American cinema has never shied away from depicting human atrocity through a historical prism, though the history is rarely that of its own country. Nearly 150 years after the abolition of slavery, it’s still considered taboo for filmmakers in the U.S. to seriously explore the ways in which racism is embedded in the fabric of our culture. Whenever films do tackle slavery, it’s either in the form of exploitative revenge fantasies (“Django Unchained”) or sentimentalized mush (“The Help”) designed to comfort predominantly white audiences with the delusion that discrimination is a thing of the past.
One of the most impressive things about Steve McQueen’s “12 Years a Slave” is that it is neither exploitative nor sentimental. It is the most unflinchingly honest and wrenchingly authentic portrayal of slavery ever made in America, cementing the British auteur’s status as one of the greatest living directors. His previous two features, “Hunger” and “Shame,” were haunting meditations on a central theme, favoring tone and texture over plot and dialogue. Based on Solomon Northup’s 1853 memoir of the same name, “Slave” has the rhythm and structure of a traditional narrative, though the script by John Ridley is so eloquent and deftly nuanced, it would make a fitting double bill with Tony Kushner’s “Lincoln.”
As a free man drugged and sold into slavery circa 1841, Northup is the perfect guide for modern viewers into this nightmarishly oppressive prison. Since life as a devoted New York family man and accomplished violinist is all Northup knows prior to his kidnapping, slavery is as alien and appalling to him as it is to us. 16 years after making his film debut in Spielberg’s “Amistad,” Chiwetel Ejiofor delivers the sort of effortlessly commanding, ultimately shattering performance that just might earn him his long-deserved status as a household name. McQueen somehow manages to convey the horror of slavery without relying on gratuitous gore. The most upsetting violence in “Slave” is purely psychological, as tyrannical plantation owners distort Bible verses to justify their righteous domination of servants.
Many familiar faces are among the ensemble, but unlike in “The Butler,” they don’t populate the frame merely for the sake of stunt casting (though I admittedly could’ve done without the saintly cameo from executive producer Brad Pitt). These are marvelous character actors at the top of their game, making the most of their screen time by illuminating provocative facets of the era rarely seen onscreen. Consider Alfre Woodard’s sublime turn as a Southern black mistress who has attained the wealth and status necessary to avoid a life of picking cotton, or Adepero Oduye (the breakout star of “Pariah”) as an enslaved woman unable to overcome the grief of being torn from her children. This unconscionable event is witnessed in one of many exemplary Steadicam shots orchestrated by Sean Bobbitt (“The Place Beyond the Pines”), a tour de force of staging, timing and impeccable acting.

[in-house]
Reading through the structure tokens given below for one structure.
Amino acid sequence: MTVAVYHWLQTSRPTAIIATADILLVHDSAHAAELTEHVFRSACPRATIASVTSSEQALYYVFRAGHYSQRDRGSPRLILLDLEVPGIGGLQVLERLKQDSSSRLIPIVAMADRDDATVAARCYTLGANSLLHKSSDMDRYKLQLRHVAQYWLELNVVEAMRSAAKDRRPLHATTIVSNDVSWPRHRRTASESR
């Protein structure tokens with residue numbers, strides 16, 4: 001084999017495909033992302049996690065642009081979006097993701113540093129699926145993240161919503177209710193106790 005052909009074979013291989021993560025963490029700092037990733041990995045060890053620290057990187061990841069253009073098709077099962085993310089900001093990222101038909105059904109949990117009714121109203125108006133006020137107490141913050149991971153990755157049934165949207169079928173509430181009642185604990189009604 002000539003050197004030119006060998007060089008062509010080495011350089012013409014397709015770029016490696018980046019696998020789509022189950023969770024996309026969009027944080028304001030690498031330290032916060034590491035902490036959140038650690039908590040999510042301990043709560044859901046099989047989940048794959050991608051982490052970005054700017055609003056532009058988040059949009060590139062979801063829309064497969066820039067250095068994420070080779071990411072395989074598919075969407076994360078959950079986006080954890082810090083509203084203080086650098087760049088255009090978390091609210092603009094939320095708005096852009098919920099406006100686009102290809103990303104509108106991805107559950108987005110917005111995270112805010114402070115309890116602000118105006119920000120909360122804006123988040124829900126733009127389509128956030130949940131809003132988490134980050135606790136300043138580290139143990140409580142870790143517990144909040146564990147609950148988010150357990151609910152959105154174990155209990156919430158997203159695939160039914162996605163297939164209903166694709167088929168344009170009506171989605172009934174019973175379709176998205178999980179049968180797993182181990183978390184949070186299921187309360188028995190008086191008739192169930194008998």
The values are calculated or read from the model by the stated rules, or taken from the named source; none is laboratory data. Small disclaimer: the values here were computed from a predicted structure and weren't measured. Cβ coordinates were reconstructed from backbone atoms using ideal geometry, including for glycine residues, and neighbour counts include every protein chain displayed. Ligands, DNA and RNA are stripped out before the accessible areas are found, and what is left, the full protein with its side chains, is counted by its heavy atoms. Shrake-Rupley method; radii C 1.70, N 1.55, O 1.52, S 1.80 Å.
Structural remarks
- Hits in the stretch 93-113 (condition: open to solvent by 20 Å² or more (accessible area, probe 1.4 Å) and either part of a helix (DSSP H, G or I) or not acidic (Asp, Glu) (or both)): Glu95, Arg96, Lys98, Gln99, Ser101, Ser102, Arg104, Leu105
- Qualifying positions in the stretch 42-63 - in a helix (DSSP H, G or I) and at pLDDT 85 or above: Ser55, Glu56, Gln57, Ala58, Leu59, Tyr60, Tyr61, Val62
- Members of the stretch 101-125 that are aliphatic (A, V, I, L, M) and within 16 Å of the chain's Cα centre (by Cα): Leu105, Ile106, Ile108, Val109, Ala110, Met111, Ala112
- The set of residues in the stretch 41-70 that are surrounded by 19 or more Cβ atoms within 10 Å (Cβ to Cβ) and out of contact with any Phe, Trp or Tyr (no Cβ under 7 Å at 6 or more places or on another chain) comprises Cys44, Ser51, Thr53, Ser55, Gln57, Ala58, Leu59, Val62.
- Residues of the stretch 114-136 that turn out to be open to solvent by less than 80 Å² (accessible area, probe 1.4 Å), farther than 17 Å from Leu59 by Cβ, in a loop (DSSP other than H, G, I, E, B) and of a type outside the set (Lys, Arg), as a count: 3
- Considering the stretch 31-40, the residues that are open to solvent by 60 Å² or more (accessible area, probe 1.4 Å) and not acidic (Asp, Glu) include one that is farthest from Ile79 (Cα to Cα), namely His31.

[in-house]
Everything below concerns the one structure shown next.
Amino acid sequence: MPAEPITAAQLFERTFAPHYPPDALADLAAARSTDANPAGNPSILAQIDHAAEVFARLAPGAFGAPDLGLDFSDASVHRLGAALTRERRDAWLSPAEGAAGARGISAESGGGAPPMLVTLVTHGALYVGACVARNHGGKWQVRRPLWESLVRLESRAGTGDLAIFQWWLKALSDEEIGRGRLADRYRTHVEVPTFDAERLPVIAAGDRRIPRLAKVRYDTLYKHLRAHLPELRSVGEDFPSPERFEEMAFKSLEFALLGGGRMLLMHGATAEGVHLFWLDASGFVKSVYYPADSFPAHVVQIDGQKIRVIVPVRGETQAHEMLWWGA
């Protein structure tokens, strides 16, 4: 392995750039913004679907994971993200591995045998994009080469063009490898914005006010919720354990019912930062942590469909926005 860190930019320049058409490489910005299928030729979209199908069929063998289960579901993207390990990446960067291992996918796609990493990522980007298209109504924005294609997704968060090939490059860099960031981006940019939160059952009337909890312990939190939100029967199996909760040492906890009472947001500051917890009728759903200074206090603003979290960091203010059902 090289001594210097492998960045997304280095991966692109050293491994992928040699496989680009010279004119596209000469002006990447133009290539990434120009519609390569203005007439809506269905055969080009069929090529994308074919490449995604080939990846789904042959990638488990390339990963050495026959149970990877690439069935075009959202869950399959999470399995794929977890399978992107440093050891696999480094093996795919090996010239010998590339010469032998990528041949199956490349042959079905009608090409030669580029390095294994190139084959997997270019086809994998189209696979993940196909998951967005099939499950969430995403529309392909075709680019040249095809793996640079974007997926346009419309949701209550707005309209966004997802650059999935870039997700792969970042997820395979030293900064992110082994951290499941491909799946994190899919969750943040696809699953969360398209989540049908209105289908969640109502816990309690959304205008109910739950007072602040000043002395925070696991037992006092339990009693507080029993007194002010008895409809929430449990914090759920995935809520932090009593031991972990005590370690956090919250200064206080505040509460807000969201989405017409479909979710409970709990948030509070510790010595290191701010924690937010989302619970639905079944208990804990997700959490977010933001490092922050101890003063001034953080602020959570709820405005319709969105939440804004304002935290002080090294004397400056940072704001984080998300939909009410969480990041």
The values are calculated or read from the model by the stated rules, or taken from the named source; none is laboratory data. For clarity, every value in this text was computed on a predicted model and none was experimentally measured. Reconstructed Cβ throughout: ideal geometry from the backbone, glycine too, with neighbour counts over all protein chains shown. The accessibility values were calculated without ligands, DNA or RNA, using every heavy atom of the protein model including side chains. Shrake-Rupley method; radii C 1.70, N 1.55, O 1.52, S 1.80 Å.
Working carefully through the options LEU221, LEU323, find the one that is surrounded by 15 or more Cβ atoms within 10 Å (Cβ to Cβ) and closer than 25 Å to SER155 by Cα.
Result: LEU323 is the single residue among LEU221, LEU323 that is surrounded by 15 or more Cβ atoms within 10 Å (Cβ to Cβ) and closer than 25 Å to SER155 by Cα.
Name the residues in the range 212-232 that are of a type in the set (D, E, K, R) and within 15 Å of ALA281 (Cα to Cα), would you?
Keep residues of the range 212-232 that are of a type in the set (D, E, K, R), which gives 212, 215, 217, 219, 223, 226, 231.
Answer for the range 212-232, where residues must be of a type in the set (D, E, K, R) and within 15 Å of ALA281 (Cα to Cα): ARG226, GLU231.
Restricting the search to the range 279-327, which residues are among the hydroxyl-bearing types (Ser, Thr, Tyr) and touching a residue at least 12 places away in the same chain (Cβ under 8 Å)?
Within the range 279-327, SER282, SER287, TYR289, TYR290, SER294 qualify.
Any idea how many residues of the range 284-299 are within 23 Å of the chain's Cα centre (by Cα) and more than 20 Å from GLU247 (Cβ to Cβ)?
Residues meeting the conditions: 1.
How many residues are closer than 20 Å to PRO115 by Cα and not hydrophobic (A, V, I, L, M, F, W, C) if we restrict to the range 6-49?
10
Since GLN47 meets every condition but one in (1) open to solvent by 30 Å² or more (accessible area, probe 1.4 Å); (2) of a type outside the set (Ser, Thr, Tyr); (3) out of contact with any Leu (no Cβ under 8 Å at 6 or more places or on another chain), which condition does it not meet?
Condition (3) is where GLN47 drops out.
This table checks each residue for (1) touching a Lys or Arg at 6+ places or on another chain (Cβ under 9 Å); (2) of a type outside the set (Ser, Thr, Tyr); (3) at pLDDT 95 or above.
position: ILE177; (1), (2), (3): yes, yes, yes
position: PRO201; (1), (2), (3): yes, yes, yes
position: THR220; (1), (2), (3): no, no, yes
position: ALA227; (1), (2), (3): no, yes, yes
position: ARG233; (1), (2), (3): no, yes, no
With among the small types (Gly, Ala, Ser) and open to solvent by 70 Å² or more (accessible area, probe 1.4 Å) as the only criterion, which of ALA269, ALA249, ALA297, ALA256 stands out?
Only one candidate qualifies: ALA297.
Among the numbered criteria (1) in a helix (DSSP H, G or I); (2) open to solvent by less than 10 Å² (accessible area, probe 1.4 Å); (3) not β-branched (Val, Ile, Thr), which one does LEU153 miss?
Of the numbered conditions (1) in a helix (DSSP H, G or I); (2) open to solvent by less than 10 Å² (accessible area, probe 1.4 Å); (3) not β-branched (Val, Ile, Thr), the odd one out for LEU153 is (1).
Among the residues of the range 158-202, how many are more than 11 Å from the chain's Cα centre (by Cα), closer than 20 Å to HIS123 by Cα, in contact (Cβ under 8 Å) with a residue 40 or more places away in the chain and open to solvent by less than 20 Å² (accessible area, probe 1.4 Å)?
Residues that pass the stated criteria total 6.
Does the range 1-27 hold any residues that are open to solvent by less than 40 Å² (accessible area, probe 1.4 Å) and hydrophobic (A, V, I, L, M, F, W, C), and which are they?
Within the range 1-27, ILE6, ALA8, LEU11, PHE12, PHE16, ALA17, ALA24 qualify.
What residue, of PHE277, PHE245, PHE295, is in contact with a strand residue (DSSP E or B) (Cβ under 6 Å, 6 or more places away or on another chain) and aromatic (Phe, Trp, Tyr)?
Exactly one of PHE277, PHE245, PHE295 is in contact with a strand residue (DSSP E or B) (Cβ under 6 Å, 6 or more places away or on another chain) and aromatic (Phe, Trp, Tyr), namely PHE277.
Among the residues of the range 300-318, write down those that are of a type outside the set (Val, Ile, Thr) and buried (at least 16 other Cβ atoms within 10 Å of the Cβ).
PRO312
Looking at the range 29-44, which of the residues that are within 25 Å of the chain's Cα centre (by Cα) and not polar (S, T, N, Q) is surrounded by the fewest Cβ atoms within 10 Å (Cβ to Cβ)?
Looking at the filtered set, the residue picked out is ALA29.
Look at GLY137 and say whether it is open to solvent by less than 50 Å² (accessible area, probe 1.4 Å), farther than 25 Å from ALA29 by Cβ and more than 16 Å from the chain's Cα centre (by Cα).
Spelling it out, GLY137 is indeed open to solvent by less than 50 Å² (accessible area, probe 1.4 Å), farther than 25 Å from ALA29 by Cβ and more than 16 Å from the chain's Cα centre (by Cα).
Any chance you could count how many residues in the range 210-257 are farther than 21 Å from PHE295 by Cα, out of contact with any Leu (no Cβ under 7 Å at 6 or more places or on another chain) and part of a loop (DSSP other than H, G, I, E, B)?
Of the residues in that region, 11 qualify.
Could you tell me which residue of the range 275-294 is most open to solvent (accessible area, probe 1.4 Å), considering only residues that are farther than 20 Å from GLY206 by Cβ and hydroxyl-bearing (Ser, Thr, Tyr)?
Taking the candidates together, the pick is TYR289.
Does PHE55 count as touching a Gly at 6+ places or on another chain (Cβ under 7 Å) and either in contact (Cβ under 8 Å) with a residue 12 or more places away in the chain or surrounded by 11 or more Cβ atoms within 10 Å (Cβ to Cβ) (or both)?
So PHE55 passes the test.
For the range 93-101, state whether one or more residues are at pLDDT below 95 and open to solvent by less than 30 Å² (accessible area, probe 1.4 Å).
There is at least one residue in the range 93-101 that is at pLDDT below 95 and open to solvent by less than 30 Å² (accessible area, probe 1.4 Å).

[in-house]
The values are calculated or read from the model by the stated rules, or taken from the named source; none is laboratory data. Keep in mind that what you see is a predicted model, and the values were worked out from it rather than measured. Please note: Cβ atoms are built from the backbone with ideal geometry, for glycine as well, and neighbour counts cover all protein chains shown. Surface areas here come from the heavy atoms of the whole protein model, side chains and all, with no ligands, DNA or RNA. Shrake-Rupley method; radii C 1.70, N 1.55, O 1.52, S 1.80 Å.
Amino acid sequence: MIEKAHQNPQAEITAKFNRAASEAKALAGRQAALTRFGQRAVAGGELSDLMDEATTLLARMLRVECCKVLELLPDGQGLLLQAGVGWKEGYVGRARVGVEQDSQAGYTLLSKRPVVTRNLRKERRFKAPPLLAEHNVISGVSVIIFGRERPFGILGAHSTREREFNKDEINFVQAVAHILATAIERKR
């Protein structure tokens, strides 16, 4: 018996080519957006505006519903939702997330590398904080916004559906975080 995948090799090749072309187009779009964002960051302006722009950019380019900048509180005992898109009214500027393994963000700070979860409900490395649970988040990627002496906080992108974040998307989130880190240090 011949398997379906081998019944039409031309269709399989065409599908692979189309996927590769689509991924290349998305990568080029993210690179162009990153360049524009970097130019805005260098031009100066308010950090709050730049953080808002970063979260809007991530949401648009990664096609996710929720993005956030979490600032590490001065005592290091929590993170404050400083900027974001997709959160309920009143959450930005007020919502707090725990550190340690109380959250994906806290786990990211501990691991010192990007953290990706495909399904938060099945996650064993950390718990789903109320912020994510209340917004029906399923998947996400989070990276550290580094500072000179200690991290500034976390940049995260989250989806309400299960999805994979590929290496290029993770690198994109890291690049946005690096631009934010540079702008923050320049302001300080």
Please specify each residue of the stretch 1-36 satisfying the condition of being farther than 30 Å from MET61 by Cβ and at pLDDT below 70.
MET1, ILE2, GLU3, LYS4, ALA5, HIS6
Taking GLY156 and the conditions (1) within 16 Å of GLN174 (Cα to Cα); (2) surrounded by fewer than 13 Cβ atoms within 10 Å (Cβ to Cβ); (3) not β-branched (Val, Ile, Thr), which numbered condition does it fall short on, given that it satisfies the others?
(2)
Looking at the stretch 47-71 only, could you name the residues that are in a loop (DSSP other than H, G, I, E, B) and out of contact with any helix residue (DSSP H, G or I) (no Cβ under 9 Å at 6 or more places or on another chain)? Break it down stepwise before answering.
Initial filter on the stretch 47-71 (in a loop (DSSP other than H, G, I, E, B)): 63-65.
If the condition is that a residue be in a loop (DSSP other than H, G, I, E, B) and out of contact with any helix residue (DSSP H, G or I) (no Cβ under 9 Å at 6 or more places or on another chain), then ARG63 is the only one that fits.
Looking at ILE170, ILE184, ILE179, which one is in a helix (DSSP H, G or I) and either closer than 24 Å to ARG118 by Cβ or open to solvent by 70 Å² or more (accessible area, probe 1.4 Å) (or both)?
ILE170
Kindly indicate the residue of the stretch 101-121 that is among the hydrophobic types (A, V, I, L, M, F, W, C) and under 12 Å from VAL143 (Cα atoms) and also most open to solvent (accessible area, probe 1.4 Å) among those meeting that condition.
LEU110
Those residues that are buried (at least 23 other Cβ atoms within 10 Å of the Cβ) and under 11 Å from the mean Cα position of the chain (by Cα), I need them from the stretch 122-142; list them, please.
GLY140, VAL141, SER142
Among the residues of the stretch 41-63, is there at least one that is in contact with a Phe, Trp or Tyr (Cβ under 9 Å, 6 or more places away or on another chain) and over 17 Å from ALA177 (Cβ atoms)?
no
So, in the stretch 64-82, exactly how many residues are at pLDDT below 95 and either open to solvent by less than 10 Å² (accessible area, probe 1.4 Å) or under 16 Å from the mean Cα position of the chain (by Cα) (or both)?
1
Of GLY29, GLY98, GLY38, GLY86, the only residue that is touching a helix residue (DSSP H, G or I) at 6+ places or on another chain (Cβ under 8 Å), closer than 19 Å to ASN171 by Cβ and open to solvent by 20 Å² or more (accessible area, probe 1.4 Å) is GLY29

Even the film’s abundance of white racists aren’t reduced to one-note caricatures. Each have contrived their own rationale for slavery, from Paul Dano’s insecure bully to Paul Giamatti’s business-minded opportunist (asked whether he gets sentimental when selling mothers and children to different masters, Giamatti sneers, “My sentimentality extends the length of a coin”). Most fearsome of all is the slave-owning sadist played brilliantly by frequent McQueen collaborator Michael Fassbender, who becomes infatuated with his most diligent slave (an unforgettable Lupita Nyong’o), much to the seething chagrin of his wife (Sarah Paulson). This story thread eventually erupts into perhaps the film’s most galvanizing sequence, an excruciatingly protracted lashing in which Northup is forced to participate.
Though McQueen cuts back on his signature use of long stationary takes, when he does choose to utilize them, their impact is staggering. As Northup is hung on a branch just high enough for his toes to caress the ground, the camera maintains a considerable distance, as fellow slaves slowly mull about their work in the background, too fearful to come to his aid. The sheer length of this shot, coupled with Northup’s barely audible yet agonized wheezing, caused my own neck to feel constricted. Rather than drown the imagery in a generically gritty, de-saturated palette, Bobbitt’s Oscar-worthy cinematography is awash in the captivating colors of the Louisiana landscape, which maintain their beauty even in the midst of such dehumanizing barbarity.
As great as this film is, it’s hard to determine just how enormous an emotional impact it would’ve had if Ejiofor weren’t at its core. He is the foundation that grounds every scene with a clear-eyed perspective overcome with outrage. It’s nearly impossible to watch the film’s final moments without feeling the visceral charge of Northup’s overwhelmed tears, as he finds himself suddenly faced with the past he left behind. Aside from Hans Zimmer’s execrable music (which shamelessly rips off his “Inception” score to an obscene degree), this is a near-perfect masterwork that revitalizes faded history with an immediacy and poetry that only a genius like McQueen could’ve pulled off. It’s a two-hour film, but it feels like three, and I mean that in the best possible way. In order to truly understand Northup’s suffering, the audience must be made to feel the grueling length of those twelve years, and McQueen spares us not a single day.
“12 Years a Slave” screens Sunday, October 13th at 7pm. For tickets and other festival info, click here.